Matel has, of course, come out with some friends for Barbie who are other ethnicities (such as these Asian dolls), but Barbie is still overwhelmingly blond, blue eyed and stacked, with all pink accessories. (Actually, non-white dolls are easier to find these days than brown haired, brown-eyed white Barbies - I bonded with my Asian Barbie, since she still looked more like me than any of the caucasian). I was really interested by the response to create alternatives to Barbie, and the variety they show. Some are alternatives to Barbie's ethnicity, but are still primarily fashion dolls; others want to challenge the values that appear to be promoted by Barbie. But can they challenge the Queen of fashion? I had a Sindy doll when I was young, which was actually better made than a Barbie, but still wasn't as good as the real thing in my five-year old mind. And to give us all something more to debate: Who is in the Dollhouse? Research reveals [not very] surprising role models.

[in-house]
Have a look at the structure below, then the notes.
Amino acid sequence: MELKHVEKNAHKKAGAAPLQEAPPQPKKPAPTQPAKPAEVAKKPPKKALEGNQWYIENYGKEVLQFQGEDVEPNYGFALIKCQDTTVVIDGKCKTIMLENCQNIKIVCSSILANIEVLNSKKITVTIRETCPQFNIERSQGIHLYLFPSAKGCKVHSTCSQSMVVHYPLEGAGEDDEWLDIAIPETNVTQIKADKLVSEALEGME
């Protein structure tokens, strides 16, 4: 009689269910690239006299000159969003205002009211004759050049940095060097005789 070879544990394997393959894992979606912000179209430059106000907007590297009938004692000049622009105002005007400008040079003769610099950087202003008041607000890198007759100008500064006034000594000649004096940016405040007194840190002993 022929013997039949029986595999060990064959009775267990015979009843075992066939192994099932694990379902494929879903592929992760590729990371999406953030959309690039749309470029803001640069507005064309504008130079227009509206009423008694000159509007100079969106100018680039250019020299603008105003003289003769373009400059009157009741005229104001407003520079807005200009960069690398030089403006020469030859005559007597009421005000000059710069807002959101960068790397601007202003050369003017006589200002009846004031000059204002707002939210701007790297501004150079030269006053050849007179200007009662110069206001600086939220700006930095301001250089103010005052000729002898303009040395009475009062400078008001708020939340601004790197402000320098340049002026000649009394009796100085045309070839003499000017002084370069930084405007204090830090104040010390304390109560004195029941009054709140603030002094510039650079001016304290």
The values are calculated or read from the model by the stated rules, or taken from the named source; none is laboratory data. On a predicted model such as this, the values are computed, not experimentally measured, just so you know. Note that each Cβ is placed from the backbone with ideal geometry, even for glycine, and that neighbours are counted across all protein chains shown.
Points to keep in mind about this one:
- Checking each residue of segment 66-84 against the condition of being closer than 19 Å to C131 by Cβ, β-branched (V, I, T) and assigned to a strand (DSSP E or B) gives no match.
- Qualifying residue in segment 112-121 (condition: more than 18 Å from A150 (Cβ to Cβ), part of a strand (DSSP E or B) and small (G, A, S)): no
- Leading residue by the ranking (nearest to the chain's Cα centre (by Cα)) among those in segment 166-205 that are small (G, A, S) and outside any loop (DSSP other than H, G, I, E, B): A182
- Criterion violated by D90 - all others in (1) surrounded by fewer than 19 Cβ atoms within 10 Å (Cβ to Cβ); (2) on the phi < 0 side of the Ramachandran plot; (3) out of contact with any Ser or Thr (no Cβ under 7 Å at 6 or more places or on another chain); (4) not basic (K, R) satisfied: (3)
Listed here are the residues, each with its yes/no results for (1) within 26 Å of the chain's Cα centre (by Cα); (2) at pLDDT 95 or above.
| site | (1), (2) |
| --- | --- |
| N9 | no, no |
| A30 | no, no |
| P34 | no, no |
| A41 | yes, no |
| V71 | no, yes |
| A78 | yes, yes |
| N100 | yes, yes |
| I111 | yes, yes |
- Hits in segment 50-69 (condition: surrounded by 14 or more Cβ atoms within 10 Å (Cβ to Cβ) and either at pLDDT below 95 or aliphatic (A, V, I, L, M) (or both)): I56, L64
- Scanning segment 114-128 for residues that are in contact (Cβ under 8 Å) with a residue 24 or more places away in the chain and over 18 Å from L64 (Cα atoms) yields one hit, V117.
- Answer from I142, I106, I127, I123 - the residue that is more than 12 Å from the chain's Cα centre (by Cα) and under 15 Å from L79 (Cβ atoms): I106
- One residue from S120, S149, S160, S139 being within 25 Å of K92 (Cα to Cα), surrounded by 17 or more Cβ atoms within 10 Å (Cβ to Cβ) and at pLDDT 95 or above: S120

Dolls and role models Yue-Sai Kan started Yue Sai WaWa, a Chinese fashion doll, to provide a doll for girls in China and elsewhere that isn't blond and blue-eyed; in Iran, Dara and Sara provide role models felt to be more compatible with devout Islam as practiced there, as does Razanne. In Japan, Barbie herself is much younger than in North America, while this Australian company is trying to introduce Feral Cheryl (the anti-fashion fashion doll). How many other alternatives or adaptations have there been to this fashion doll, in an effort to better reflect ethnic or cultural differences or simply to provide an alternative?